Maud Cunnington and her team stripped the Sanctuary bare in 1930. Her husband, Col. Cunnington, measured the diameters of its six circles. The colonel considered the outermost circle to be 130 feet in diameter and the next one in to be half that size at 65 feet. The 65-foot circle was built from frail wooden posts that led Maud to wrongly believe its use as a wattle fence. She also wrongly believed that the two large posts, seen to be part of it, once carried a gate. These posts are aligned with the West Kennet Avenue of stones that link the Sanctuary to the Avebury Henge, almost 2.5 km’s away. But Maud was wrong to call it a Fence Ring because it formed part of the monument’s geometry.
Furthermore, Col. Cunnington should have measured the outer circle internally, and not through the centre of its stones. This was because, thanks to William Stukeley, Stonehenge and Avebury were already known to be internal devices. If the Col had measured the outer circle internally, he would have arrived at a figure of forty-seven megalithic yards -- eleven megalithic yards bigger than Stonehenge.
Maud’s team found a total of seven circles at the Sanctuary, but only the outer two are sufficiently accurate for us to bother with, without completely stripping the centre of the monument again and surveying it with GPS.
Twenty pieces of Niedermendig lava was found buried five feet (1.5 metres) deep around the base of one of the Sanctuary’s wooden posts, and I have placed a toy man against the post where those fragments were found.
Quote. ‘The use of this rock was known to the Beaker People in the Rhine area, where it was also used by their predecessors - the Neolithic people of the ‘Michelberger’ culture.’ I am indebted to Herr George Kraft, of the Museum fur Urgeschichte, Freiburg. Maud Cunnington1929.
Niedermendig lava was also found at Stonehenge and at a settlement site alongside Avebury's West Kennet Avenue. This raises the question of whether or not German tribes where the brains behind our monuments.
The finding of Niedermendig lava at such important locations and twenty miles apart, demands the acceptance of a single, solitary hypothesis for all timber and stone monuments of the period.
29. My surveyed plan of the Sanctuary. This plan-view was made with the help of several sources. 1. Maud Cunnington's original 140-foot scale, which proved so accurate as to put today's archaeologists to shame. 2. On-site measurements and, 3. Online Bing satellite photography.
I find the stone and post ring to be likely based on a single 12:16:24 megalithic-inch Pythagorean 3:4:5 triangle - see inset. The reader will also note that this geometry is internal to the timber posts. Generally speaking, working internally to timbers was out of character. There is only one other place where I know of this, and that is Ring C, Woodhenge, near Stonehenge. All sixteen posts of Woodhenge Ring C are massive affairs at one-megalithic-yard diameter -- as are the 16 timber posts of the Sanctuary's stone and post ring.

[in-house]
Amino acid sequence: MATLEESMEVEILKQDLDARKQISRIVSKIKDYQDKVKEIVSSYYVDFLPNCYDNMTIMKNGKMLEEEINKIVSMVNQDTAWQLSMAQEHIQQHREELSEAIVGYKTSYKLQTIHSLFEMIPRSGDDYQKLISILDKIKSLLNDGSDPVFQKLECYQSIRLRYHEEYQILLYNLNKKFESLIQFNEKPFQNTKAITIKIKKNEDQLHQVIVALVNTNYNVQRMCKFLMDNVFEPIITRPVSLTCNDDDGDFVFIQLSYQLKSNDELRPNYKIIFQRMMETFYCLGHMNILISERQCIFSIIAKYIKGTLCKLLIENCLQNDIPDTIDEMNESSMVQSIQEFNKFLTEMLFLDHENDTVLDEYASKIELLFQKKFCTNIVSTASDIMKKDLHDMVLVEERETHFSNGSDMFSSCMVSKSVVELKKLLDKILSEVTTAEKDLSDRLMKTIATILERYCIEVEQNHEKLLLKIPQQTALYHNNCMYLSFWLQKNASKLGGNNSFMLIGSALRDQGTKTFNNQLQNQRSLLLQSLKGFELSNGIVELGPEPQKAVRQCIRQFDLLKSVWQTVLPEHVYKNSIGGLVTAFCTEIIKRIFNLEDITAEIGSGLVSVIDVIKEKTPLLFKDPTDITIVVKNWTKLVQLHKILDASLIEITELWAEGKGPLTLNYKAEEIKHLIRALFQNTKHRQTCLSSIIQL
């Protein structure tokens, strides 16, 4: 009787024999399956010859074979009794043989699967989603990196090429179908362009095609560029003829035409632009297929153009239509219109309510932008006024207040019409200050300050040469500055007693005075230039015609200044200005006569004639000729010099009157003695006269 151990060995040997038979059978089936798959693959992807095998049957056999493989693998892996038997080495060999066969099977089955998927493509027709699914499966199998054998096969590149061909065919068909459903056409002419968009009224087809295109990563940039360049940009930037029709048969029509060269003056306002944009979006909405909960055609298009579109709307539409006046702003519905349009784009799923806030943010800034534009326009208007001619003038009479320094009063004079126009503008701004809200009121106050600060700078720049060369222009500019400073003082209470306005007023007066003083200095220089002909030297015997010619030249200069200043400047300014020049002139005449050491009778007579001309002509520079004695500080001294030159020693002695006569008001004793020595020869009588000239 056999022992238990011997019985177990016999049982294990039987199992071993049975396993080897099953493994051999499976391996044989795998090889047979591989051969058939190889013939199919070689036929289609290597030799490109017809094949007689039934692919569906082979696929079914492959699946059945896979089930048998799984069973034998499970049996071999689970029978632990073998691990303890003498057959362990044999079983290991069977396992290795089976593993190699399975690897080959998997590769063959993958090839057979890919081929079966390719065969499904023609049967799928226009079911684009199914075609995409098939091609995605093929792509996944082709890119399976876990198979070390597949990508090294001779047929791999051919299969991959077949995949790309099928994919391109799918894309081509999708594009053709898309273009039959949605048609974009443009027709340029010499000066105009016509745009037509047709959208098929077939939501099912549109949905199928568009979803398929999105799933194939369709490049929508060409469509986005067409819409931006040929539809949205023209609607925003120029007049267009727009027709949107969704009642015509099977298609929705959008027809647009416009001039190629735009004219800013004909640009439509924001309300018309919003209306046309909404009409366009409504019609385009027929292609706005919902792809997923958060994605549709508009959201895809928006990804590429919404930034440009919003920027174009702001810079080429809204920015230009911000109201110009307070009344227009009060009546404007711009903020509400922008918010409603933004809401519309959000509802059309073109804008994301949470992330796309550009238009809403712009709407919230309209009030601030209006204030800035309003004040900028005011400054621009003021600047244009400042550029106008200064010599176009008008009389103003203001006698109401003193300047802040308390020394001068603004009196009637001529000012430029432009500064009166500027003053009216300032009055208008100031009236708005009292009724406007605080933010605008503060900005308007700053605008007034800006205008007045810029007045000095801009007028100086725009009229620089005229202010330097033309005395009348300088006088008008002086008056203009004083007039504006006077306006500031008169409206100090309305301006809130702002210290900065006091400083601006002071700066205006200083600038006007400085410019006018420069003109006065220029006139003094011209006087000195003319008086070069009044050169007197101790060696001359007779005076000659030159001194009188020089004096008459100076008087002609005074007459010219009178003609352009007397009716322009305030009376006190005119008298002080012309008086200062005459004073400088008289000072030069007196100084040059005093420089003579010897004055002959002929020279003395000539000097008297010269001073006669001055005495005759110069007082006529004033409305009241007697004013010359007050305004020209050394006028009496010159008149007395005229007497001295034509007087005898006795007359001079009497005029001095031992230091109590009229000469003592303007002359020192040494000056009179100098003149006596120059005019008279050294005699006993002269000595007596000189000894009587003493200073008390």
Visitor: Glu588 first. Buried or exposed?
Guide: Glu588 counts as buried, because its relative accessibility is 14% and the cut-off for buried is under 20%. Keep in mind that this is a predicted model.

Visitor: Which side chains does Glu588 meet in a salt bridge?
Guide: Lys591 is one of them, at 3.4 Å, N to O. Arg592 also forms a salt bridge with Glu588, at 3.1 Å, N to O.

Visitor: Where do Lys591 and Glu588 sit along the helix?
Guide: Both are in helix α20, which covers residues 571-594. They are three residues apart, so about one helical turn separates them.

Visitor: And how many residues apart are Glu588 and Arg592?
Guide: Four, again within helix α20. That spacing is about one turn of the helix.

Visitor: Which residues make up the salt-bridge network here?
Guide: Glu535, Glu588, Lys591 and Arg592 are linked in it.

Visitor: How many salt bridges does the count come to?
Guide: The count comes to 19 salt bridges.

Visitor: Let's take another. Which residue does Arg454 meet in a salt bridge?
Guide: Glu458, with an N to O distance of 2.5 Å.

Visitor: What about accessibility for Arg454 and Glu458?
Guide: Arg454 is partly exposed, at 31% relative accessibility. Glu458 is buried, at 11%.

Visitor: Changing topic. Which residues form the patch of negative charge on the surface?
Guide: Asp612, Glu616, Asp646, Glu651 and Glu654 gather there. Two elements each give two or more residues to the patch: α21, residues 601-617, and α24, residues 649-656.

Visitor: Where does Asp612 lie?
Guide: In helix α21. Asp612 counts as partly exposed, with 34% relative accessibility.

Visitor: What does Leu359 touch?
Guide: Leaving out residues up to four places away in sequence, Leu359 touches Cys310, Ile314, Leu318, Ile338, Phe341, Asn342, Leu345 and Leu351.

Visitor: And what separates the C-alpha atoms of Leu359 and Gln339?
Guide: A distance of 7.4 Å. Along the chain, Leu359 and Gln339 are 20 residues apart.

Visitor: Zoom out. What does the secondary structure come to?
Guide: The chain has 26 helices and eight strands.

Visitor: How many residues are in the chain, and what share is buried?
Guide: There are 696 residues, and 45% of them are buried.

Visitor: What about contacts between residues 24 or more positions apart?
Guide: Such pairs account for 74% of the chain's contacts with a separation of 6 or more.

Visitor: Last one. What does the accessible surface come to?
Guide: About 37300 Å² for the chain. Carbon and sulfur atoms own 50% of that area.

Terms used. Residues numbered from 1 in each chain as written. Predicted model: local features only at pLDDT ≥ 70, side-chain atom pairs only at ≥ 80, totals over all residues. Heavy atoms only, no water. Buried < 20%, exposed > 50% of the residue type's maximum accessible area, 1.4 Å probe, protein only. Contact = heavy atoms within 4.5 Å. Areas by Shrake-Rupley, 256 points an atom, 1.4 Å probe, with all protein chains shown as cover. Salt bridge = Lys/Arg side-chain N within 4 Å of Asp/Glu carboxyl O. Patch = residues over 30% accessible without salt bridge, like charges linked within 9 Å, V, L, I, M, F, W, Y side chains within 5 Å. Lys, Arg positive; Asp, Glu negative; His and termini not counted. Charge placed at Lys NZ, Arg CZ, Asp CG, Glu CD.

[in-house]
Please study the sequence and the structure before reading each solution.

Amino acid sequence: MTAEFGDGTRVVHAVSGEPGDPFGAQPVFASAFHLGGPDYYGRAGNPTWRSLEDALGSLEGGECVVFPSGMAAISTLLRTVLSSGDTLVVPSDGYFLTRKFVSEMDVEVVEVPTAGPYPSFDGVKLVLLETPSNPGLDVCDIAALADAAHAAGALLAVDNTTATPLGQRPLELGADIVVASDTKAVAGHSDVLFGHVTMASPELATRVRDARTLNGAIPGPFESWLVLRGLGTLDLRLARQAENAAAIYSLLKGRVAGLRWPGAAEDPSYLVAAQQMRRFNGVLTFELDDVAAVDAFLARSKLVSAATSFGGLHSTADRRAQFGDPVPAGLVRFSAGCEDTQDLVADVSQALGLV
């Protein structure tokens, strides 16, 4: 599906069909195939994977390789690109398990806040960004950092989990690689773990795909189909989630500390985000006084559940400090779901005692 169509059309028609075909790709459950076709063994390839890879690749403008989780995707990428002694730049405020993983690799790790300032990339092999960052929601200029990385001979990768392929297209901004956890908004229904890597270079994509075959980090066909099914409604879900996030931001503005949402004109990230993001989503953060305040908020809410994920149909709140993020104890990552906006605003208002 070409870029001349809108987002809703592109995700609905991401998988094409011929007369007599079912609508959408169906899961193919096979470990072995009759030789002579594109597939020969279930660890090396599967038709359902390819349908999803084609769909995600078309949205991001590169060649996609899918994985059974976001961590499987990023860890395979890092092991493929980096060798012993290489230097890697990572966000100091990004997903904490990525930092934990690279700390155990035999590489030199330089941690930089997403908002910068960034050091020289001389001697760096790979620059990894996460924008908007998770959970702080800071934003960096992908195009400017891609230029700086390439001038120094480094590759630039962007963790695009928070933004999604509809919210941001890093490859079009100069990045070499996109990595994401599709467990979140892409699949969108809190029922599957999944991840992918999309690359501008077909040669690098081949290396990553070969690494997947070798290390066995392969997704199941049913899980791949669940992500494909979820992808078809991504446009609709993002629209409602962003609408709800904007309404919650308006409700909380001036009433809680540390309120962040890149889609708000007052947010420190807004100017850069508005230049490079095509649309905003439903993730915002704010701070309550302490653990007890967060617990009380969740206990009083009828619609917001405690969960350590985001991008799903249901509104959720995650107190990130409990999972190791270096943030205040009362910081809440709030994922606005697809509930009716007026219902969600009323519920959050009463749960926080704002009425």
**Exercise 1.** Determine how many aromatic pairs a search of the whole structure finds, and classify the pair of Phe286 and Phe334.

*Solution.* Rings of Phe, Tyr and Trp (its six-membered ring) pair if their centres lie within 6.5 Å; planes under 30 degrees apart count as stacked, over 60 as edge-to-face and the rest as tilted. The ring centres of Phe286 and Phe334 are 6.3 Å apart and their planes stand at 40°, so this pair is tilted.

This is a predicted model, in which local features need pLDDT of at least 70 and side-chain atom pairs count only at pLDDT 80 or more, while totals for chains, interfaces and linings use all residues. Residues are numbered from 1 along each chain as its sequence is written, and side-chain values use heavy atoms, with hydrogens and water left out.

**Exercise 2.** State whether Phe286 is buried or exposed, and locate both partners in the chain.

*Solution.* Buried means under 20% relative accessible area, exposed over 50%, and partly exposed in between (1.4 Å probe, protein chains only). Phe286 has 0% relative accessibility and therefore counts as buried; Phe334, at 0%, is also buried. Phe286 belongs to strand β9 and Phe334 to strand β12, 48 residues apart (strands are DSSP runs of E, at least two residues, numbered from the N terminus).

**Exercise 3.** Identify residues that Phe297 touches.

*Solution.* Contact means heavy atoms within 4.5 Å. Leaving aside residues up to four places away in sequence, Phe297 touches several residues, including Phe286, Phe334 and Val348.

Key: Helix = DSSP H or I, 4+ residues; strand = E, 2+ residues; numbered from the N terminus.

Also, we cannot escape the possibility that people may have tried to link the Sanctuary and Avebury's outer circuit through the function Pi. For example, according to Maud's husband, the fence ring measures 65 feet diameter. Converting this figure to Megalithic Yards we get 23.88, which, times Pi, produces a circumference of 75 megalithic Yards. This figure relates to Avebury and Windmill Hill's largest radius of 750.
Similarly, whilst the Stone Age mandate was for the outer circle to be set around a 47 Megalithic Yard circle, internally; a measurement through the centre of the stone's, i.e., 47.75 diameter, would have a circumference of 150My. Perhaps this is why some of the stones of the outer ring, i.e., stones 21 to 26, are placed slightly inward, and some are skewed sideways as if the builders could not make their minds up?
30. Longstone’s Cove and the double-stone-row of the Beckhampton Avenue that led to Avebury. Drawn by William Stukeley 21 May 1724.
Longstone's Cove aspect as lately.
A. The stone still standing. (Covestone Adam)
B. Fallen. (Backstone)
C & D. Stones destroyed by Richard Fowler among others.
E. The only stone of the whole avenue standing. (Eve)
F F F F. Several left lone but thrown down & half buried.
A pair of stones marked F, F, and seen on far left of Stukeley's drawing, suggest that the Beckhampton Avenue went further as is shown in Stukeley's previous drawing, Picture 21.
31. Adam with Eve seen in the background. Here it's obvious that they are named the wrong way round.
Of more importance is that Adam has now received the Tee-square treatment to discover that its inner face points 198-degrees from north. This concurs within one-degree of P. J. Ucko's plan.
32. Set on the same acute angle of a single 3:4:5 Pythagorean triangle, the Longstone's Cove spoke of singularity!
Three plans of the Longstone’s field excavations are available in the public domain that I know off, and these were compared one against the other by layer superimposition in CAD. One reasonably good image is to be found on page 105 of Andrew Lawson’s book ‘Chalkland - an archaeology of Stonehenge and its region.’ Another is based on preliminary results by Pollard and Gillings. Their plan was most useful for placing Eve’s opposite number, Eve B.